,‘Increasingly, we are seeing people who are frustrated, angry and hateful and are using firearms on a particular group.’,
There’s a difference between a diagnosable mental-health problem and other problems, said Cassandra Crifasi, an associate professor in the department of health policy and management at the Johns Hopkins Bloomberg School of Public Health.
“Increasingly, we are seeing people who are frustrated, angry and hateful and are using firearms to take on a particular group, and on a group of individuals through mass violence,” she told MarketWatch. Told.
According to the CDC, linking mental health to gun violence can be stigmatized, especially given that more than 50% of people will be diagnosed with some mental illness or disorder in their lifetime.
In addition, one in five Americans will experience mental illness in a given year. Clearly, not all people with mental-health issues are committing mass shootings. But are the people who committed mass shootings in a stable mental state?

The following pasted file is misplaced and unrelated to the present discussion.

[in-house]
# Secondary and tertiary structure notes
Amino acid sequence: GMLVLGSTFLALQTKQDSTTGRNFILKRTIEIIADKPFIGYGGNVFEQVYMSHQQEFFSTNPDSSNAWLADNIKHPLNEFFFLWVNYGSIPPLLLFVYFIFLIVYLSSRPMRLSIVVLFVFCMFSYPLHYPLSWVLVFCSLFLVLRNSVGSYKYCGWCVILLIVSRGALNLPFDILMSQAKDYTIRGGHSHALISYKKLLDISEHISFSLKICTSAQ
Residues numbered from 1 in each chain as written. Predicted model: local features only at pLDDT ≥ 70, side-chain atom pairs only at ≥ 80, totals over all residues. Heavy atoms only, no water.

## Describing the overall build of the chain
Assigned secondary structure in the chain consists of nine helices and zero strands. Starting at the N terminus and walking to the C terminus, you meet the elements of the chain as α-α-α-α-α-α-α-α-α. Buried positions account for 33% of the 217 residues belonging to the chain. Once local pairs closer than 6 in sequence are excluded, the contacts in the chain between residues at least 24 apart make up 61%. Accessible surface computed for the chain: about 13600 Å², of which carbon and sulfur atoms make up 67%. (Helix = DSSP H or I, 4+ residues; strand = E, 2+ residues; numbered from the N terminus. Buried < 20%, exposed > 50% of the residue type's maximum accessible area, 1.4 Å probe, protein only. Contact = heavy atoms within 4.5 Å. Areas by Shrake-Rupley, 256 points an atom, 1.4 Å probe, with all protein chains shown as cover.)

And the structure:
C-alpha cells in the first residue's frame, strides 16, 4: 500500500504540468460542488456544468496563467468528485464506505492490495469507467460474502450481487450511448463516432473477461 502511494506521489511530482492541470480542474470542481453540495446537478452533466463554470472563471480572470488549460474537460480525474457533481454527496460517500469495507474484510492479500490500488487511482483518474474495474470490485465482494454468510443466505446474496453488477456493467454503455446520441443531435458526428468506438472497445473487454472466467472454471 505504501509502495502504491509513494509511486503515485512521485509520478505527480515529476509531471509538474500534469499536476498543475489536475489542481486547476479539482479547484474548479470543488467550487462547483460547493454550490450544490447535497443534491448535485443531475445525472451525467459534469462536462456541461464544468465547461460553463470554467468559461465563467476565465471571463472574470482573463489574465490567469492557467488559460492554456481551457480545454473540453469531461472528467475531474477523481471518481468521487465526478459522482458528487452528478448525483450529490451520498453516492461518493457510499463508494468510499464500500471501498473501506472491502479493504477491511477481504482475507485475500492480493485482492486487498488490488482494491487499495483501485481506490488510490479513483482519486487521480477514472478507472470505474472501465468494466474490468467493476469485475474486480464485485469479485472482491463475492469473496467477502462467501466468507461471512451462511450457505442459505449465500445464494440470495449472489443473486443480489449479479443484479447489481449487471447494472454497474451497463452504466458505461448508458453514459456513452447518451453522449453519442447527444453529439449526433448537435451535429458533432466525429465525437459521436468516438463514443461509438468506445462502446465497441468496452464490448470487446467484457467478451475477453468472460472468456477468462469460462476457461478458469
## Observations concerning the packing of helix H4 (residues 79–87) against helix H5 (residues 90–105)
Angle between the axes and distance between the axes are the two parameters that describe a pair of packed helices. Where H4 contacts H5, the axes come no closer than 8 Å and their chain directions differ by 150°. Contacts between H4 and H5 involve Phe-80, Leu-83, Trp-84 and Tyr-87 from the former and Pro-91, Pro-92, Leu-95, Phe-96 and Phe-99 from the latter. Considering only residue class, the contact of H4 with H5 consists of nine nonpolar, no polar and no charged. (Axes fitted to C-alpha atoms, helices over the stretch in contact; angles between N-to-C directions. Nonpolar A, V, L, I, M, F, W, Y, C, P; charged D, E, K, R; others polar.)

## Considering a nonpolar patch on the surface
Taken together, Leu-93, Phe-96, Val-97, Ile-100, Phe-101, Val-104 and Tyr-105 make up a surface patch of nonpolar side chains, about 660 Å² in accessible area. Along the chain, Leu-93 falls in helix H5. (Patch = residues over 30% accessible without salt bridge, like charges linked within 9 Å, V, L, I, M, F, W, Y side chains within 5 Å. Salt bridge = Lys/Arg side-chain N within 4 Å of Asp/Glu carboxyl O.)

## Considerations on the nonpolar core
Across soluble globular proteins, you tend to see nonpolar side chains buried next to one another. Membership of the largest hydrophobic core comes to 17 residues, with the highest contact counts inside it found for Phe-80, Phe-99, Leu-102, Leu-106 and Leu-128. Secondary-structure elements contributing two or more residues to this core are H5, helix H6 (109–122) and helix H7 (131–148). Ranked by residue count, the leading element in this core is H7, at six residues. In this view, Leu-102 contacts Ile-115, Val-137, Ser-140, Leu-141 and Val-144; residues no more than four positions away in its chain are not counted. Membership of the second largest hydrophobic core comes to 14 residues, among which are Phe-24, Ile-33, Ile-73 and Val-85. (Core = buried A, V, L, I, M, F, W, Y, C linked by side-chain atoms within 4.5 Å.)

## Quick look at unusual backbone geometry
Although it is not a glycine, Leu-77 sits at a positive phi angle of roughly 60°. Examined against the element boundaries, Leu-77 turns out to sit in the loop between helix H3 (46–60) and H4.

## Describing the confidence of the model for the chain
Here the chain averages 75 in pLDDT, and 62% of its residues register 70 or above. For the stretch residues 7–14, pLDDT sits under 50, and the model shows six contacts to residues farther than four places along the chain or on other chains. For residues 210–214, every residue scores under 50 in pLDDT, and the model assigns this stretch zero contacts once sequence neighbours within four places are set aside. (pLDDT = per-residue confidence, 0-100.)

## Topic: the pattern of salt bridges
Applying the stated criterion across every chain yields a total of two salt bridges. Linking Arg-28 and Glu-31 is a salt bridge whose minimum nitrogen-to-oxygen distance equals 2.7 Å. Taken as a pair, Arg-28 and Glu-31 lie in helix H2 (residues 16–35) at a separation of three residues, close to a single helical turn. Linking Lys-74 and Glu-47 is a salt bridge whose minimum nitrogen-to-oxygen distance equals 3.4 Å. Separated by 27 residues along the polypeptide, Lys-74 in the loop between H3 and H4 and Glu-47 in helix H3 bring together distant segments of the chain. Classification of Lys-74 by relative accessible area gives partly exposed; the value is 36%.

Few details are known about the Uvalde shooter’s state of mind and/or motivations, Crifasi said, “For someone who would conduct a mass shooting like today, people would agree that there is something wrong with that person.”
But she said trying to separate shooter intent and mental health distracts from the more useful actions Americans can take to prevent another suicide or homicide — and especially at a school.
Those factors include the need for a license to purchase a firearm, and right-to-carry law In some states that give people the right to carry a concealed handgun outside the home without a permit or with a permit issued by a state.